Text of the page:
Dutch study shows cost-effectiveness of stewardship intervention for RTIs
A study today in the Journal of Antimicrobial Chemotherapy shows that online training for general practitioners (GPs) and an online booklet for parents was associated with a decrease in antibiotic prescribing in children with respiratory tract infections (RTIs) and was cost-effective.
The study, conducted by Dutch researchers, was a cost-effectiveness analysis performed alongside the RAAK (RAtional Antibiotic use in Kids) randomized controlled trial, a study that assessed whether an intervention consisting of online training for GPs about RTIs in children and prudent antibiotic use combined with information booklets for parents could reduce antibiotic prescribing for kids with RTIs. The patient population consisted of children from 32 general practices in the Netherlands whose parents kept a 2-week cost diary. The researchers analyzed the difference in antibiotic prescribing and costs between the intervention group and the usual-care group.
Overall, 153 children from 15 practices in the intervention group and 107 children from 15 practices in the usual-care group were available for analysis. Antibiotic prescribing was 12 percentage points lower and the total costs per child were €10.27 ($11.71) higher in the intervention group, with much of the difference resulting from the productivity loss of parents. This resulted in an incremental cost-effectiveness ratio of €0.85 ($0.97) per percentage decrease in antibiotic prescribing. The probability that the intervention was effective, but more expensive, was 53%, while the probability that the intervention was more effective and less expensive compared with usual care was 41%.
"The online training for GPs and the information booklet for parents resulted in a decrease in antibiotic prescribing for children with RTI, at very low cost, and would therefore be suitable for implementation in quality assurance programmes in primary care," the authors of the study write, though they note that whether the intervention should be implemented depends on society's willingness to pay for a percentage decrease in antibiotic prescribing.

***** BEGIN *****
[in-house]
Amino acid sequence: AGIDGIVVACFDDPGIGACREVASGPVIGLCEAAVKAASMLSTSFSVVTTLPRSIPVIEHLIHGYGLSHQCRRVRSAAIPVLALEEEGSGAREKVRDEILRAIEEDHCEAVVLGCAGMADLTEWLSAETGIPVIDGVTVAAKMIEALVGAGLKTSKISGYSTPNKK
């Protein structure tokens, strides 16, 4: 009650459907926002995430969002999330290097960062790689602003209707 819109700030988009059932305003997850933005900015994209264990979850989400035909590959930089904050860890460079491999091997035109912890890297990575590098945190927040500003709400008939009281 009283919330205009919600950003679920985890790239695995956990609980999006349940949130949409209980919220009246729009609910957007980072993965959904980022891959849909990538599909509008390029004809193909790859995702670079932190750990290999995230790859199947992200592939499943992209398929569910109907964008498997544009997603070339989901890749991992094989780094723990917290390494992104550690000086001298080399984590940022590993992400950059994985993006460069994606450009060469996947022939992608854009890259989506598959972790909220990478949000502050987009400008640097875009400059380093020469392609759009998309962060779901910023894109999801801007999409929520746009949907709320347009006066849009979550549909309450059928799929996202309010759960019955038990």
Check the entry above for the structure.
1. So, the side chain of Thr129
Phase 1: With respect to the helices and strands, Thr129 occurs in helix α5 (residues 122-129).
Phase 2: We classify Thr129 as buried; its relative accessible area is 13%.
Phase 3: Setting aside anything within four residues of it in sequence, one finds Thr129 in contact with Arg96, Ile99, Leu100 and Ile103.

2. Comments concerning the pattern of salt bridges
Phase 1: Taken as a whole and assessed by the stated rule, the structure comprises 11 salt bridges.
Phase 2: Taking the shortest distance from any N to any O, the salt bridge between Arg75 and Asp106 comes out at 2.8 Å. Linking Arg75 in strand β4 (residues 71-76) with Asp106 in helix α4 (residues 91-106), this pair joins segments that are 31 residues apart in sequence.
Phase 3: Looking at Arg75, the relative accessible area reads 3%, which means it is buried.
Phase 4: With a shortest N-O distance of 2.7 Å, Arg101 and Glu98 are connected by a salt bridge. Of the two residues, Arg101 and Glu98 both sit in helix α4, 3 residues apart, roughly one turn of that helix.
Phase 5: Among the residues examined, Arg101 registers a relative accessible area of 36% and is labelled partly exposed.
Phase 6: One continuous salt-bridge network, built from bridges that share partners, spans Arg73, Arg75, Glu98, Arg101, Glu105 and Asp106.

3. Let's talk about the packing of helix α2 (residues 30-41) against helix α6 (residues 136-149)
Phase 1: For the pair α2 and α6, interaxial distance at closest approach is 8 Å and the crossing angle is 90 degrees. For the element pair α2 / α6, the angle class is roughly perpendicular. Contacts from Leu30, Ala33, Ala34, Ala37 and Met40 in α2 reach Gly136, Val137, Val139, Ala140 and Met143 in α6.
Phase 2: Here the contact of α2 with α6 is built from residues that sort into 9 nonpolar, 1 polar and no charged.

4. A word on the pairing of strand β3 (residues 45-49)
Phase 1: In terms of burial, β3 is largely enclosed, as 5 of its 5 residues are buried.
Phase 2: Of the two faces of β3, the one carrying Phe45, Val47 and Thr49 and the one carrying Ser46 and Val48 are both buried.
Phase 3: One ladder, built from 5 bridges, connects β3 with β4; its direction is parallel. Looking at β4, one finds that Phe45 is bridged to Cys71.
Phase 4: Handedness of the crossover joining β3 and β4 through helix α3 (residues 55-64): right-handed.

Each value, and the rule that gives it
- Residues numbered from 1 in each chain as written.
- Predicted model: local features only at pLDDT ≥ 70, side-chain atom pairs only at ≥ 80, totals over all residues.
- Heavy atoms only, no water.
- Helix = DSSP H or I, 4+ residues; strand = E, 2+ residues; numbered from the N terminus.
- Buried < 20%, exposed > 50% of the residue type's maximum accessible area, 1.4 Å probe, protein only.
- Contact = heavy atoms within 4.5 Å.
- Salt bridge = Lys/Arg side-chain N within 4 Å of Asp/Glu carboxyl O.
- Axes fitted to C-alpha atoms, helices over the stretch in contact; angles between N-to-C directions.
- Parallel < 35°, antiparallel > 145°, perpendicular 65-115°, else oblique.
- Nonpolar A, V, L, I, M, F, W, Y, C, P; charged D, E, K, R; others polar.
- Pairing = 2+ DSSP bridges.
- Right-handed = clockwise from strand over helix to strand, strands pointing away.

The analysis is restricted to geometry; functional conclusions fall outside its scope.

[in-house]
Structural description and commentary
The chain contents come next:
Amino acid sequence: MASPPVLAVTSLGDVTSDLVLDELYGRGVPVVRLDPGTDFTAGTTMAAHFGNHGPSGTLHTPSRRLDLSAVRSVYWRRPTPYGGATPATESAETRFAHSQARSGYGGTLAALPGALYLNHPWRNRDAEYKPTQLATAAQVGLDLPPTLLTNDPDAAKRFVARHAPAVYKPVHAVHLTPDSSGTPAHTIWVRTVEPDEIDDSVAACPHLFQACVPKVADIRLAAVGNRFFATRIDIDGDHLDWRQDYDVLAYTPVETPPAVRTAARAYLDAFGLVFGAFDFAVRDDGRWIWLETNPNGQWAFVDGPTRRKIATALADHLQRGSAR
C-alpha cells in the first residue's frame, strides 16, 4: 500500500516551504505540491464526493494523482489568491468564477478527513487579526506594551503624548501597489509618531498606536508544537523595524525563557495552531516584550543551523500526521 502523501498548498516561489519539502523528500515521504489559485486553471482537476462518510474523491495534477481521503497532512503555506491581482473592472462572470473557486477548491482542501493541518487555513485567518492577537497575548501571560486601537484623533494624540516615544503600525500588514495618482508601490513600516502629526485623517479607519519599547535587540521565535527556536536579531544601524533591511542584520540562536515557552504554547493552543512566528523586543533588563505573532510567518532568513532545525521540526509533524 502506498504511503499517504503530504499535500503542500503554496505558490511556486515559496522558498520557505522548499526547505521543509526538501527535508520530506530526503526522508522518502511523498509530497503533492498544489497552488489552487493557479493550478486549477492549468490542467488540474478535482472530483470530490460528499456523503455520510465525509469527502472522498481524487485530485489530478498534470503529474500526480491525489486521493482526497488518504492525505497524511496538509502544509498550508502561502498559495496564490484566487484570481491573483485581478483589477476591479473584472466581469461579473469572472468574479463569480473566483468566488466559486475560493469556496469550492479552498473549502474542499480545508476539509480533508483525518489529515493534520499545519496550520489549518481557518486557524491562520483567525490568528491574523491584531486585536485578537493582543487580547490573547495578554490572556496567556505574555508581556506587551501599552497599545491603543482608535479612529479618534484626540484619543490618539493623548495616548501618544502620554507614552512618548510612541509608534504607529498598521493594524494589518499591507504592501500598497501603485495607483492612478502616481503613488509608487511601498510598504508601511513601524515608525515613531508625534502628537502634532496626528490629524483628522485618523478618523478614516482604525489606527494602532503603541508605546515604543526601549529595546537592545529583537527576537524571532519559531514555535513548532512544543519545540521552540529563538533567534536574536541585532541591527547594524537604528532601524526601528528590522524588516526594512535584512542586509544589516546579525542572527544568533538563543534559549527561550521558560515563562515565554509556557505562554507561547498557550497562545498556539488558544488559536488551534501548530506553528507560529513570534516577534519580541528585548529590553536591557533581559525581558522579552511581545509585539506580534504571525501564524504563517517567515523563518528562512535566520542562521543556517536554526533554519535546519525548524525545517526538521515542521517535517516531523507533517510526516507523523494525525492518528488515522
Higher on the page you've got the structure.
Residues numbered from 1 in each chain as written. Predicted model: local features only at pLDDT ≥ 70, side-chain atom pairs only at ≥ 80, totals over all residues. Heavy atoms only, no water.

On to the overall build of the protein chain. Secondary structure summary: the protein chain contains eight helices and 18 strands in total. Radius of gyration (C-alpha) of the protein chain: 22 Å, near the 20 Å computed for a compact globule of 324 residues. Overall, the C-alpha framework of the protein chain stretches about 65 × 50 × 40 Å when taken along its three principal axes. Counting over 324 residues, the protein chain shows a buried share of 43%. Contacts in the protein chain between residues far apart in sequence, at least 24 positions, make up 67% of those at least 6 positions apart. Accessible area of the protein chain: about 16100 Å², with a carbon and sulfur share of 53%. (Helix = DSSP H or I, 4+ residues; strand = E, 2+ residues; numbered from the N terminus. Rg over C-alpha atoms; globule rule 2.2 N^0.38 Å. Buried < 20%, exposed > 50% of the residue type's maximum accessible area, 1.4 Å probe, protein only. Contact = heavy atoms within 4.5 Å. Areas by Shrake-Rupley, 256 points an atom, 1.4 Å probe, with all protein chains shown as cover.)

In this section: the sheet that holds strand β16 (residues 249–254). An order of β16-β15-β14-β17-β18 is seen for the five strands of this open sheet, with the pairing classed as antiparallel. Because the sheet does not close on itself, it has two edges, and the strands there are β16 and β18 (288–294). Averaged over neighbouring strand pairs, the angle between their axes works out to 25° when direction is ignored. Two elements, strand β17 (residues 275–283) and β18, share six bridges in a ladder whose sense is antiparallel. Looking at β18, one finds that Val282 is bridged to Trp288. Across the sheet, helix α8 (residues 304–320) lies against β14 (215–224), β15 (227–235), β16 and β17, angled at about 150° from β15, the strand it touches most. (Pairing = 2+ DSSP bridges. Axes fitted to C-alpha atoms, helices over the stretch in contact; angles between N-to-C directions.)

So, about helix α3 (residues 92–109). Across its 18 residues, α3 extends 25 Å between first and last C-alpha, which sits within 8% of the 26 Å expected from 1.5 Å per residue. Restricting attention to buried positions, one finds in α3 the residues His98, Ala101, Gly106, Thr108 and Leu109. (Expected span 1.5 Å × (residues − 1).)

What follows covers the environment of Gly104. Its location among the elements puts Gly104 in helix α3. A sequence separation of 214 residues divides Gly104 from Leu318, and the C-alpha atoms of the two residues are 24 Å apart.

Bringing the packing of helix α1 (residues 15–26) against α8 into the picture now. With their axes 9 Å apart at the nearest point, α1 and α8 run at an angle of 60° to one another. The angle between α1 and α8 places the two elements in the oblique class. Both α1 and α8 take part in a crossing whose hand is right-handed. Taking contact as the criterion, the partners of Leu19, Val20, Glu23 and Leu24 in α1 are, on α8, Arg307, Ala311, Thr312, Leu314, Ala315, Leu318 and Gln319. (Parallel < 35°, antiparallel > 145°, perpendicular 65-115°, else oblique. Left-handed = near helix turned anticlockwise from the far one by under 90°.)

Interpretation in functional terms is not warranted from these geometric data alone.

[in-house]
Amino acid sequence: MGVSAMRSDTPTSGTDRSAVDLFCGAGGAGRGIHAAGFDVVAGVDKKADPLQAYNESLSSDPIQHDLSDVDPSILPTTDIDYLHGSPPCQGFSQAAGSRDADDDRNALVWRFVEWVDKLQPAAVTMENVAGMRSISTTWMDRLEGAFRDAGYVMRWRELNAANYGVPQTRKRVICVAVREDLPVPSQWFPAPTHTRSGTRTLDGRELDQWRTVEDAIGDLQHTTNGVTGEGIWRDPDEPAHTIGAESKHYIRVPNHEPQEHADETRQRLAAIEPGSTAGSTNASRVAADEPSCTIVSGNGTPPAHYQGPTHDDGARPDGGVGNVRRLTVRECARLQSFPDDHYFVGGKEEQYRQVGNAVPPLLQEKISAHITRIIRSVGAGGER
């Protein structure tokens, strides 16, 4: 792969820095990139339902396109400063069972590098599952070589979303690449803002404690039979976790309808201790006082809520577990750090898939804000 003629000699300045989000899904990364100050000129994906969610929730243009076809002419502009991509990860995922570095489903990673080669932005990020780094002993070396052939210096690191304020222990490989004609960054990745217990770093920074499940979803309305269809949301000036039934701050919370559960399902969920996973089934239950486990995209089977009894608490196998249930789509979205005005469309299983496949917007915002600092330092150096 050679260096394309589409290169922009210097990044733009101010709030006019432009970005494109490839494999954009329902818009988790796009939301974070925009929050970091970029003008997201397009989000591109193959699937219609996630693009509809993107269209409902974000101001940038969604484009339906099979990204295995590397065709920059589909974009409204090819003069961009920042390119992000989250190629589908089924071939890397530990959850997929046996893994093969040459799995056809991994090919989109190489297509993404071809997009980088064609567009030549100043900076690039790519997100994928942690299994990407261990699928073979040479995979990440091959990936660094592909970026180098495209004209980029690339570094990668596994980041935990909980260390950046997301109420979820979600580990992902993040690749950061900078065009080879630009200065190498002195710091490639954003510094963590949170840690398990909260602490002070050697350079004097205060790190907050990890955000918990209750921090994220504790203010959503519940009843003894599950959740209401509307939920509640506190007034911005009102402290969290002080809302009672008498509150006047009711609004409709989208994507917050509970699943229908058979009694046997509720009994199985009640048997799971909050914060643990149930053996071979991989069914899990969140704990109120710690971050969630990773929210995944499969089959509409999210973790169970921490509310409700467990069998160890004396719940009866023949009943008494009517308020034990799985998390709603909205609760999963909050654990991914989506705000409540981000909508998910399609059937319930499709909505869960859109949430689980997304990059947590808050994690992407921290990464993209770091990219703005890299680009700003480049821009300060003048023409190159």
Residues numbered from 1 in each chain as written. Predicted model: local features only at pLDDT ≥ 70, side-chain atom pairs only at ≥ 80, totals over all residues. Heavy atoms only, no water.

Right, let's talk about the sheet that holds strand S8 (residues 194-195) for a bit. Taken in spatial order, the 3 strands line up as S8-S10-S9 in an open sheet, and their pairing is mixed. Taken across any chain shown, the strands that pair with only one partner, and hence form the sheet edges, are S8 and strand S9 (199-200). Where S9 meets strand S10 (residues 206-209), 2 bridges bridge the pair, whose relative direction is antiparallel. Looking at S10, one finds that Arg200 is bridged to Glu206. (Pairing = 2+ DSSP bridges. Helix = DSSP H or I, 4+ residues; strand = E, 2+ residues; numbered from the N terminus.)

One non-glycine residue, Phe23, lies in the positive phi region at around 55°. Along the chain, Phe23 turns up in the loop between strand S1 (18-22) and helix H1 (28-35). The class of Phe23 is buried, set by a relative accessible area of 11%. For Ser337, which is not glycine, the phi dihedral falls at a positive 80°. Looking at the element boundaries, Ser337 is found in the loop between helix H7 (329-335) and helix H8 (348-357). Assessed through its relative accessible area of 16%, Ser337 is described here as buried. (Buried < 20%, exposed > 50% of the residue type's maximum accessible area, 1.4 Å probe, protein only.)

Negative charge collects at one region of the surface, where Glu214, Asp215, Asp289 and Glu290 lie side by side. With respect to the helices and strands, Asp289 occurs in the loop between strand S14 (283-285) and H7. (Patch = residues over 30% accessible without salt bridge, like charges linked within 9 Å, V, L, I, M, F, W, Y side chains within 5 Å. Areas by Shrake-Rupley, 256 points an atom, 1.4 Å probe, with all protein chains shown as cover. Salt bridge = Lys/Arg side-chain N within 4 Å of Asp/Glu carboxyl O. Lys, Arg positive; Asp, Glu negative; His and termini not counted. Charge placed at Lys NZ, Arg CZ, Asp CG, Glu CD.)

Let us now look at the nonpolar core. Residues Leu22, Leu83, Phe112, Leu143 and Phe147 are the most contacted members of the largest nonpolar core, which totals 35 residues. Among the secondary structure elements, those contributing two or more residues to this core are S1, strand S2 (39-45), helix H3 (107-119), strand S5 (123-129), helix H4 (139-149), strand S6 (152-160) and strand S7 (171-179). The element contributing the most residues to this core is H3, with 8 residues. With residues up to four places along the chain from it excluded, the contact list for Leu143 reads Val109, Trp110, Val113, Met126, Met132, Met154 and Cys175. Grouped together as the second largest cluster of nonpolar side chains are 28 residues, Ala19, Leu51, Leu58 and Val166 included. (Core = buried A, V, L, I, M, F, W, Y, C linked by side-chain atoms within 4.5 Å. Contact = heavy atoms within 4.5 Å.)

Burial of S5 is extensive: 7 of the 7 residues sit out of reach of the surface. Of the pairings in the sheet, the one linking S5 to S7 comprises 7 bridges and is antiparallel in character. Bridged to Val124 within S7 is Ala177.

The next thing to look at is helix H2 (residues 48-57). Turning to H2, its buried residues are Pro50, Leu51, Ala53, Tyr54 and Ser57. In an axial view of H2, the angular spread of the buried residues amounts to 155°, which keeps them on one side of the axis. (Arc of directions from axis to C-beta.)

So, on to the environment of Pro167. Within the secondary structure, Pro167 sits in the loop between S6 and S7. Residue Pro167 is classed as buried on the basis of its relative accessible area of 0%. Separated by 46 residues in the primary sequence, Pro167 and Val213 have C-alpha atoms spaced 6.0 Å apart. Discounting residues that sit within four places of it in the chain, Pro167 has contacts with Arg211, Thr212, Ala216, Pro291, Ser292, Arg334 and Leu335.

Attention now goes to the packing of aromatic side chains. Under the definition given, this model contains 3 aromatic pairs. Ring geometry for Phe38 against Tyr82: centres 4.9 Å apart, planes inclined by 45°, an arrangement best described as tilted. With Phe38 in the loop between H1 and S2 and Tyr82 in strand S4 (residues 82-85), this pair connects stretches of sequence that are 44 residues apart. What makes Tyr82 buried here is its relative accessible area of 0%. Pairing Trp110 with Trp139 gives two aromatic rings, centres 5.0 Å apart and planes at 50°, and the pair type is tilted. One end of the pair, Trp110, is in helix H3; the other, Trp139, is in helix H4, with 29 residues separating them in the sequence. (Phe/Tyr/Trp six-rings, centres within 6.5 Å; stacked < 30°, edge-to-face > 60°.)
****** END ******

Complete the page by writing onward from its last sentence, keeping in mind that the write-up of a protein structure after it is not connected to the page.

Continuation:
Jan 4 J Antimicrob Chemother study
Study describes different characteristics of Klebsiella bacteremia
A retrospective study of patients in Taiwan has found distinct differences in the clinical and microbiologic features of healthcare-associated (HCA), community-acquired (CA), and nosocomial Klebsiella pneumoniae bloodstream infections, researchers reported yesterday in Antimicrobial Resistance and Infection Control.
In the single-center study, researchers at Taipei Veterans General Hospital and National Yang-Ming University identified patients hospitalized with K pneumoniae bacteremia in 2015, collected clinical information on the demographic characteristics of the patients, and conducted antimicrobial susceptibility testing and capsular genotyping on all K pneumoniae isolates. They wanted to compare the clinical characteristics, antimicrobial resistance, and distribution of capsular types among HCA, CA, and nosocomial K pneumoniae bacteremia, which is a major cause of morbidity and mortality worldwide.
A total of 337 patients with K pneumoniae bacteremia were identified: 70 (20.8%), 102 (30.3%), and 165 (48.9%) had CA, HCA, and nosocomial infection, respectively. The 28-day mortality of HCA bacteremia was lower than that of nosocomial bacteremia (17.6% vs 30.9%, P = 0.016), but that of HCA and CA bacteremia was similar (17.6% vs 14.3%, P = 0.557). CA isolates had the highest prevalence of virulent capsular types (51.4%), followed by HCA (36.3%) and nosocomial isolates (19.4%). The proportion of multidrug-resistant isolates was highest in nosocomial infections (41.8%), followed by HCA (23.5%) and CA infections (5.7%).
The authors of the study conclude, "The characterization of the clinical characteristics of CA, HCA, and nosocomial bacteremia will help professionals to better manage patients. Further studies on the microbiological characteristics of HCA strains must be conducted to accurately identify the transmission of virulent or antimicrobial-resistant strains between community and hospital."
Jan 3 Antimicrob Resist Infect Control study
Novartis shares data from discontinued antibiotics program
Originally published by CIDRAP News Jan 3